Tag: fountain pen review

Review: Jinhao 159


Here’s the last Jinhao pen that I tried out last weekend courtesy of Everything Calligraphy. It’s the Jinhao 159, and boy, do they remind me of tictacs. The colors are just so happy! I thought they were so cute!


Of the three Jinhao pens that I tried last weekend (read the reviews for X750 and X450), this is probably the most colorful and also the biggest. The body is a cigar shape, and it’s all shiny, including the section. It’s made of metal so it’s quite heavy. I like how they designed the trimmings of the pen–they’re much simpler. The cap’s bands are thinner, so are the bands near the end of the barrel. It’s a good idea since the colors are already pretty eye-catching. Large trims will only throw the design off.


I cannot get over how cute the colors are! My favorite is the apple green. it is such a fun color. 🙂 The pen is large, about 150mm when capped. The cap screws off, unlike the x750 and x450 which pulls off. The nib is also removable, so you can actually replace it with any #6 nib if you want to use something else for it, like a Goulet nib. The weight is about 50g.

The design reminds me of a Montblanc 149, but all the similarities stop with the basic look. The material, the trims, the nib, the ink delivery system (cartridge/converter), everything about it is different. For the price of P599 (about $12), you get a cute pen that writes decently. I say that it’s a good deal for the price.


I inked the apple green pen with Alt Goldgrun and oh, it’s just so cute. ^_^ It writes moderately wet, and the nib is smooth enough. If you want to improve the performance of the nib, you can always tune it so it writes better, or you can replace it with a different, compatible nib. Overall, a pretty nice pen, especially for the price. 🙂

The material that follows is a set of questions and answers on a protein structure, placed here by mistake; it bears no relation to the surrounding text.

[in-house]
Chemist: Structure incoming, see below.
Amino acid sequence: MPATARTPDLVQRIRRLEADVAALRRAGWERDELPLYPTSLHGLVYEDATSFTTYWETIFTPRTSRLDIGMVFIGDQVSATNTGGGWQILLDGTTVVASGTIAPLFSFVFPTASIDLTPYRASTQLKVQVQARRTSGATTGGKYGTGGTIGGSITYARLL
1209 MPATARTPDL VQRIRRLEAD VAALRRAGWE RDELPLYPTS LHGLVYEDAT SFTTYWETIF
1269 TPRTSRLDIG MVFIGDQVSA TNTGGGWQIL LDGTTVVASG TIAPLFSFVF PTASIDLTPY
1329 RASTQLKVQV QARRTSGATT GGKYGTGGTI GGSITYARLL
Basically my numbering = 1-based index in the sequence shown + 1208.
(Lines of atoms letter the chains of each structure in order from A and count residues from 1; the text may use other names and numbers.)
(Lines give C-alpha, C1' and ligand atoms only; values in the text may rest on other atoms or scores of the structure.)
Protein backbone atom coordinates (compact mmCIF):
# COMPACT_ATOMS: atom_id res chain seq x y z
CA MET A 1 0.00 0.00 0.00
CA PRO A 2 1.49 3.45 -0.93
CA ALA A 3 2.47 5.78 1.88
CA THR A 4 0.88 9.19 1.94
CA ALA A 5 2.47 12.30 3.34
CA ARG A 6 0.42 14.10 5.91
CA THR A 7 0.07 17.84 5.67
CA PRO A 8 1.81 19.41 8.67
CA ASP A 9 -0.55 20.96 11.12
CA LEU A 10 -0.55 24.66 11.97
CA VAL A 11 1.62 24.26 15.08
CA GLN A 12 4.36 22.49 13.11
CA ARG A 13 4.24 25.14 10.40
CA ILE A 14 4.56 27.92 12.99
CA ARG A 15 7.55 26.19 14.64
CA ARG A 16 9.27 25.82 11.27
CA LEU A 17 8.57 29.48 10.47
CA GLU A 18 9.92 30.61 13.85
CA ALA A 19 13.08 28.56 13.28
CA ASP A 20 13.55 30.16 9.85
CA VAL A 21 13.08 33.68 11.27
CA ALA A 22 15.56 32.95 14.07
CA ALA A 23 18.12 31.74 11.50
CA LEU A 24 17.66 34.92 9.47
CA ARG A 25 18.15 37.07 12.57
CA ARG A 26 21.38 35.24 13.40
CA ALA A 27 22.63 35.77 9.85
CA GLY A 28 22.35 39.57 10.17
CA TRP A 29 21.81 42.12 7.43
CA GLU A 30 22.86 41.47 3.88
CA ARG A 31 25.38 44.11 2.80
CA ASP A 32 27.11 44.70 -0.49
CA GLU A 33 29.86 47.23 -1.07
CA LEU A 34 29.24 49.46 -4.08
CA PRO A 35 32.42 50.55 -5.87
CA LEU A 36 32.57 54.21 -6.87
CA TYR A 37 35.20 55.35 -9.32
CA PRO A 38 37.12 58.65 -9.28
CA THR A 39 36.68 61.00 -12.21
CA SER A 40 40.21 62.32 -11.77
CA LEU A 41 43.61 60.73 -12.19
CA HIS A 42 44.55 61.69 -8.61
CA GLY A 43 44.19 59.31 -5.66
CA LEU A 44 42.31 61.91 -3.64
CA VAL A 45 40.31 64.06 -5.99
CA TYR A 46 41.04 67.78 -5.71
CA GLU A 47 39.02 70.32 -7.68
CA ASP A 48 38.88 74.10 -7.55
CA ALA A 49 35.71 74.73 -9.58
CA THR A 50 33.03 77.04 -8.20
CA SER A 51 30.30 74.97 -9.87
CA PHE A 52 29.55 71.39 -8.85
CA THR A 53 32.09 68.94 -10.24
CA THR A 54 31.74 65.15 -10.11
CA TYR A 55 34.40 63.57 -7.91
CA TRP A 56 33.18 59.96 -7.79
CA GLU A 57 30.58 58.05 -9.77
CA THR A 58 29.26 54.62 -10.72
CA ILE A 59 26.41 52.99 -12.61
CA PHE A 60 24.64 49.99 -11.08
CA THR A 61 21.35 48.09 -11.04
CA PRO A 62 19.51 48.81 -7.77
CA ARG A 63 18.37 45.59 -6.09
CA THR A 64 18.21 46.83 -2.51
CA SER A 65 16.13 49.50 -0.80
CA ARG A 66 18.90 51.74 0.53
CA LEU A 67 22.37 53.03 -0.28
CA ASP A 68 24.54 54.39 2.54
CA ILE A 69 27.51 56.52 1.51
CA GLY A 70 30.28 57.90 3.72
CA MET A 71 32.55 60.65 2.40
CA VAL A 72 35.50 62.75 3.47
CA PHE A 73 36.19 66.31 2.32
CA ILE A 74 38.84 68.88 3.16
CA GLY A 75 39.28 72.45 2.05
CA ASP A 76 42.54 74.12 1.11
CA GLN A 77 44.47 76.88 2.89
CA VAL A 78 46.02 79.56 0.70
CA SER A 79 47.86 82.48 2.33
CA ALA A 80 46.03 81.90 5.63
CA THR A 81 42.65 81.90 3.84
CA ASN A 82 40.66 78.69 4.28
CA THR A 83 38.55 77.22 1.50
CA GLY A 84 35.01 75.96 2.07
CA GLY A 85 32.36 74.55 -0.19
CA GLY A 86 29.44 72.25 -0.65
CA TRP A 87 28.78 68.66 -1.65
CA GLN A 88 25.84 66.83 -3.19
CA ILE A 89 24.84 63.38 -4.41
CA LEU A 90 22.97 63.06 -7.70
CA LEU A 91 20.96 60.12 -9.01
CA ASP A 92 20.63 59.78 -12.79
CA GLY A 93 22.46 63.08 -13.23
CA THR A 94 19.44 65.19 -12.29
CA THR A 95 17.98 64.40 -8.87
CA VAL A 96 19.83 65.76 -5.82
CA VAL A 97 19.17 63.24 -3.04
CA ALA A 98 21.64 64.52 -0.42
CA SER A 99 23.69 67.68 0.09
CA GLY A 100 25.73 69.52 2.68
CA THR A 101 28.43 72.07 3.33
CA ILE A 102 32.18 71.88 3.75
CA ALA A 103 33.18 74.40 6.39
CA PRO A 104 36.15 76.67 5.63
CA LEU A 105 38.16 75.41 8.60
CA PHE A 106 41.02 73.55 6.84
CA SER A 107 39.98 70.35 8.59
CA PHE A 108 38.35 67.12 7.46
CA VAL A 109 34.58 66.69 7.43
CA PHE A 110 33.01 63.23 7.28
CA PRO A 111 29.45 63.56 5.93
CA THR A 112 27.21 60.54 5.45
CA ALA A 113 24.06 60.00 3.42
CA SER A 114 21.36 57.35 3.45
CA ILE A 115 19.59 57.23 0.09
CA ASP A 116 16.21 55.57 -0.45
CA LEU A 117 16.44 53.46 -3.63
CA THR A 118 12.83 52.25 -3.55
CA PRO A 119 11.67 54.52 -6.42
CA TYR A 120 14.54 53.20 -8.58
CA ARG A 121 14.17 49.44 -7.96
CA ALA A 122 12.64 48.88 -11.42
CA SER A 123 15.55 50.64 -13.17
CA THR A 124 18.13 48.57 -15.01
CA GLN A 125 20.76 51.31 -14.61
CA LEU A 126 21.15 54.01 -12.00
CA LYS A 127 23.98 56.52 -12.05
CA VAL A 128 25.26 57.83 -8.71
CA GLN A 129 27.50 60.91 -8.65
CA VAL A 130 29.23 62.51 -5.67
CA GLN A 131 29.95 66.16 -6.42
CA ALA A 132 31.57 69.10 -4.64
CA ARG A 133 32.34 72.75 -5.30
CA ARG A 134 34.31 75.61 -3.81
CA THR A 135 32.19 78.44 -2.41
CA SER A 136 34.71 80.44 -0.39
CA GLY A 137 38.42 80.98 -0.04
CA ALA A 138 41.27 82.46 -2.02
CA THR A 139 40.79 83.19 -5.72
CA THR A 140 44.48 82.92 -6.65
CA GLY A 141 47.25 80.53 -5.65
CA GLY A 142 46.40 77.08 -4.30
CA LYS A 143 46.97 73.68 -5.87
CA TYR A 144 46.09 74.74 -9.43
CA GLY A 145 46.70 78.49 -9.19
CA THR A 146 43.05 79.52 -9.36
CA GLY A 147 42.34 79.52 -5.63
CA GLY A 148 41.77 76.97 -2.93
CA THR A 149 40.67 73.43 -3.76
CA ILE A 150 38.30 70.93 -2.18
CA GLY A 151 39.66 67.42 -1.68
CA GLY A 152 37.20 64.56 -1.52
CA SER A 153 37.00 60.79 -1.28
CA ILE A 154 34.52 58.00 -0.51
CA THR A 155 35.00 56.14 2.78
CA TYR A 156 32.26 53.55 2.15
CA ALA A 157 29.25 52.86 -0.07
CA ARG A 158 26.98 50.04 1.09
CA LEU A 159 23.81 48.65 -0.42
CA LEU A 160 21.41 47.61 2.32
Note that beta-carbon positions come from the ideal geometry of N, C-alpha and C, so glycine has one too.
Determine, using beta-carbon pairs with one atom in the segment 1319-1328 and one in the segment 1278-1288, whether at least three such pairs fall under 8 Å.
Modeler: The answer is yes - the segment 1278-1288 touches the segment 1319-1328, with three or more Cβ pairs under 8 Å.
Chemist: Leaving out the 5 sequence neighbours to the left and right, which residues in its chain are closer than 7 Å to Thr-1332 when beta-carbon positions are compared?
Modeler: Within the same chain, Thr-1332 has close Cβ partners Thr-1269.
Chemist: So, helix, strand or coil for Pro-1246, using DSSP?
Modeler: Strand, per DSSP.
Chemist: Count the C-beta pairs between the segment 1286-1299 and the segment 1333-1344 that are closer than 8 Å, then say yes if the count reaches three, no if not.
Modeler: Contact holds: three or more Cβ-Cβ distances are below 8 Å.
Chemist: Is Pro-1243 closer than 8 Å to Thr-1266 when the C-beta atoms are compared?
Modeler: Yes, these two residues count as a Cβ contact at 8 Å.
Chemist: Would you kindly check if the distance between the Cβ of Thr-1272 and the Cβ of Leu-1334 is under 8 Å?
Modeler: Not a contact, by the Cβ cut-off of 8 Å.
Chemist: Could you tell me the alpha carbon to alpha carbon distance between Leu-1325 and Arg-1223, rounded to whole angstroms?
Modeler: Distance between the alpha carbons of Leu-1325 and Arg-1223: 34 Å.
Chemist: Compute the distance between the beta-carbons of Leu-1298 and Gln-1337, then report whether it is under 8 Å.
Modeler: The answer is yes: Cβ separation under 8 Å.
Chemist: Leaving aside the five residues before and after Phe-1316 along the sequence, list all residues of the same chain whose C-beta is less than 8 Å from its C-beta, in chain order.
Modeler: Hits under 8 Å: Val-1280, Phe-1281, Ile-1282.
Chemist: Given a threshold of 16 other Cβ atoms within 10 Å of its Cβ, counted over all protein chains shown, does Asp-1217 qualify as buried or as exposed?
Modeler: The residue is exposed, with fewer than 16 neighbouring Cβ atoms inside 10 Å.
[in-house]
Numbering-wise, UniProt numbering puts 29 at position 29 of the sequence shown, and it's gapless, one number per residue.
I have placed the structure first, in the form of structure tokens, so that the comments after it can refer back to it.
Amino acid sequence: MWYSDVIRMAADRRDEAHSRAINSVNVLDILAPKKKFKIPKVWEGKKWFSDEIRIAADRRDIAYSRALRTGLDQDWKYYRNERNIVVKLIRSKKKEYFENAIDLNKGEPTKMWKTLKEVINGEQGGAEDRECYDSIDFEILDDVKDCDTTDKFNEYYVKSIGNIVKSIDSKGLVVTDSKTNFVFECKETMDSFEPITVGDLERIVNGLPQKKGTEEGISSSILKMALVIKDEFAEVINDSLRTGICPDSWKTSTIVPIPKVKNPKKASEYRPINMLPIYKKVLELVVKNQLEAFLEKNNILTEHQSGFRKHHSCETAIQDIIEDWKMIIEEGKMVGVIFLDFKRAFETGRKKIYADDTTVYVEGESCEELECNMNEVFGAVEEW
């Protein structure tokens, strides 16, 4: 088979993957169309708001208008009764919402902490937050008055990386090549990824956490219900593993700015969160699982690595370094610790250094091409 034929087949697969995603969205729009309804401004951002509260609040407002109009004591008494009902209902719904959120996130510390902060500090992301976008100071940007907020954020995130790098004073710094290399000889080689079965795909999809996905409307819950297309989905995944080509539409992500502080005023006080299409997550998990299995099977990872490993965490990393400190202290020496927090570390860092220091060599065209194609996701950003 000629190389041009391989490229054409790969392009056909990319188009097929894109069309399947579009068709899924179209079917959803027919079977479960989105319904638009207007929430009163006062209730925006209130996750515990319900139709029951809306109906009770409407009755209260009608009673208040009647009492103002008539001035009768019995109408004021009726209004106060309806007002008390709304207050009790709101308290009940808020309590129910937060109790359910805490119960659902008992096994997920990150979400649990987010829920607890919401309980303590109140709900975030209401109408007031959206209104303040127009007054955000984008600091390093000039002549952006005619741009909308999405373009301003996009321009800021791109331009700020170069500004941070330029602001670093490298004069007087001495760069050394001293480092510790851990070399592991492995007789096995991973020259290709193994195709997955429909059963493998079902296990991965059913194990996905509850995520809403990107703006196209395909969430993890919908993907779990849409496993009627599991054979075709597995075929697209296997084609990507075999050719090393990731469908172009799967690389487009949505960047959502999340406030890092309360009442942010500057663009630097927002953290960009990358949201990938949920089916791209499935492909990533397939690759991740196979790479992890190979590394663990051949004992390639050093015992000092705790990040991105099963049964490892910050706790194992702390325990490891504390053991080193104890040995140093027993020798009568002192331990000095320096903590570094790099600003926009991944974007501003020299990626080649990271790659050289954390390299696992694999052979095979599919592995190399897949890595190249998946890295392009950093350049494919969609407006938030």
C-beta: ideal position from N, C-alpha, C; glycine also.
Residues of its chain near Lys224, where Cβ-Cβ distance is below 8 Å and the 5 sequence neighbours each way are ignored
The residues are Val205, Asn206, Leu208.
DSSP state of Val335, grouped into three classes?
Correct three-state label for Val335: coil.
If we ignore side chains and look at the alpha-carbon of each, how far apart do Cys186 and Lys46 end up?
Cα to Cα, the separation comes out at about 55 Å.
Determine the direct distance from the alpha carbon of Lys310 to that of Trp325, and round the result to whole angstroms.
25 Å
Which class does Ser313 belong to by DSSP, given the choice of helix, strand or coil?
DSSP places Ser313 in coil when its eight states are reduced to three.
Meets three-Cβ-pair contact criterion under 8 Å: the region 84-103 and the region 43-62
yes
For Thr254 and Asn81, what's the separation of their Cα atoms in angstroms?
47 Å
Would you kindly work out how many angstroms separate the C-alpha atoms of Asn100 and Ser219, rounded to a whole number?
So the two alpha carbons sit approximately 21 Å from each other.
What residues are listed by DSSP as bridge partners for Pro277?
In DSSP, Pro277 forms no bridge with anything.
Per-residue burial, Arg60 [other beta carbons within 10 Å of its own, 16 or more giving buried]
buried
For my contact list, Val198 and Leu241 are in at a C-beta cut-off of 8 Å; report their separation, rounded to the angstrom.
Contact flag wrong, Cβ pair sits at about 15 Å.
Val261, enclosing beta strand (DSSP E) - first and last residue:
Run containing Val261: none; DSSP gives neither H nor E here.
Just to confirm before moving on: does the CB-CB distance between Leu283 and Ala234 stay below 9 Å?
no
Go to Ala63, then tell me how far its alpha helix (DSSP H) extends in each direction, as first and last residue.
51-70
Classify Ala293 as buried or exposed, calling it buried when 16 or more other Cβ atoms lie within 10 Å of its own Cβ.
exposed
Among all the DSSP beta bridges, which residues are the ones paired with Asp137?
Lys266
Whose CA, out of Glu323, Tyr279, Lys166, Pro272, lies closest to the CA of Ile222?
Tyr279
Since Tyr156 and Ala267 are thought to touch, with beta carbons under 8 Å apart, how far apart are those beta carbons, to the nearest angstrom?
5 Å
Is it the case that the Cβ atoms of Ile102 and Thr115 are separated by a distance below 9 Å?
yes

Review: Jinhao X750


Here’s another entry-level pen that I tried courtesy of Everything Calligraphy. It’s the Jinhao X750, and it’s at the same price point as the X450. The Jinhao X750 is another nice, simple, affordable, entry-level pen.

Silver and Matte Black

This pen also has a cigar or torpedo shape, except it doesn’t taper much on both ends. It’s almost cylindrical in shape. The ends of the barrel and the cap are dome-shaped and less pointy than the x450, so I think it looks a bit more low-key.

Two of my favorite designs. Black and Silver Checkered and Black Constellation.

I don’t think the pen was designed to be posted, and like the x450, posting the x750 makes it top-heavy. It would definitely be better-balanced when used unposted. The section of the pen is made of hard rubber and has no ridges on it. It’s smooth without being slippery. I like that this makes the pen easier to grip, and it’s a plus for those who prefer not to use pens with tripod grips like the x450.

As far as the nib goes, it appears to be the same nib as the x450. The one I got wrote a little bit dryer by comparison (then again, I like my pens to write wetter than they usually do, hence I tune them to fit my preference). That being said, it’s always good to know how to tune your own pens’ nibs. Here a few basic tips to help you with increasing the ink flow on your nib.


I noticed that this line features more metallic-looking, subdued colors. It’s a good entry-level pen too, and like the x750, some fountain pen users have hacked it into a flex pen using a Zebra nib. Just a reminder before you try this–fiddling with your pen’s nib and feed may break your pen, so fiddle away at your own risk.

Overall, I think the Jinhao X750 would also make a good first pen for those who just want to get their feet wet with this hobby. It’s a very affordable pen that enables you to enjoy the benefits of using a fountain pen without paying too much. It looks pretty good too. 🙂

Review: Jinhao x450


It’s been a while since I last tried a Jinhao pen. Since Everything Calligraphy is now carrying three kinds of Jinhaos, I thought I’d try them out. First up is the Jinhao X450. I got to check out a few colors before I picked out which one I liked best.

I think the one on the left is called Blue Sky. The one on the right is the pen I picked–Oriental Red

My first impression of the X450 is that the colors are quite interesting. There’s a lot of variety, lots of different colors to suit your personality. Some may like the vibrant sky blue color, others (like me) may like the more subdued colors like dark red or black. There’s lots of colors to choose from.

It’s interesting how Jinhao can keep these pens cheap considering that they feel heavy, and the designs are good.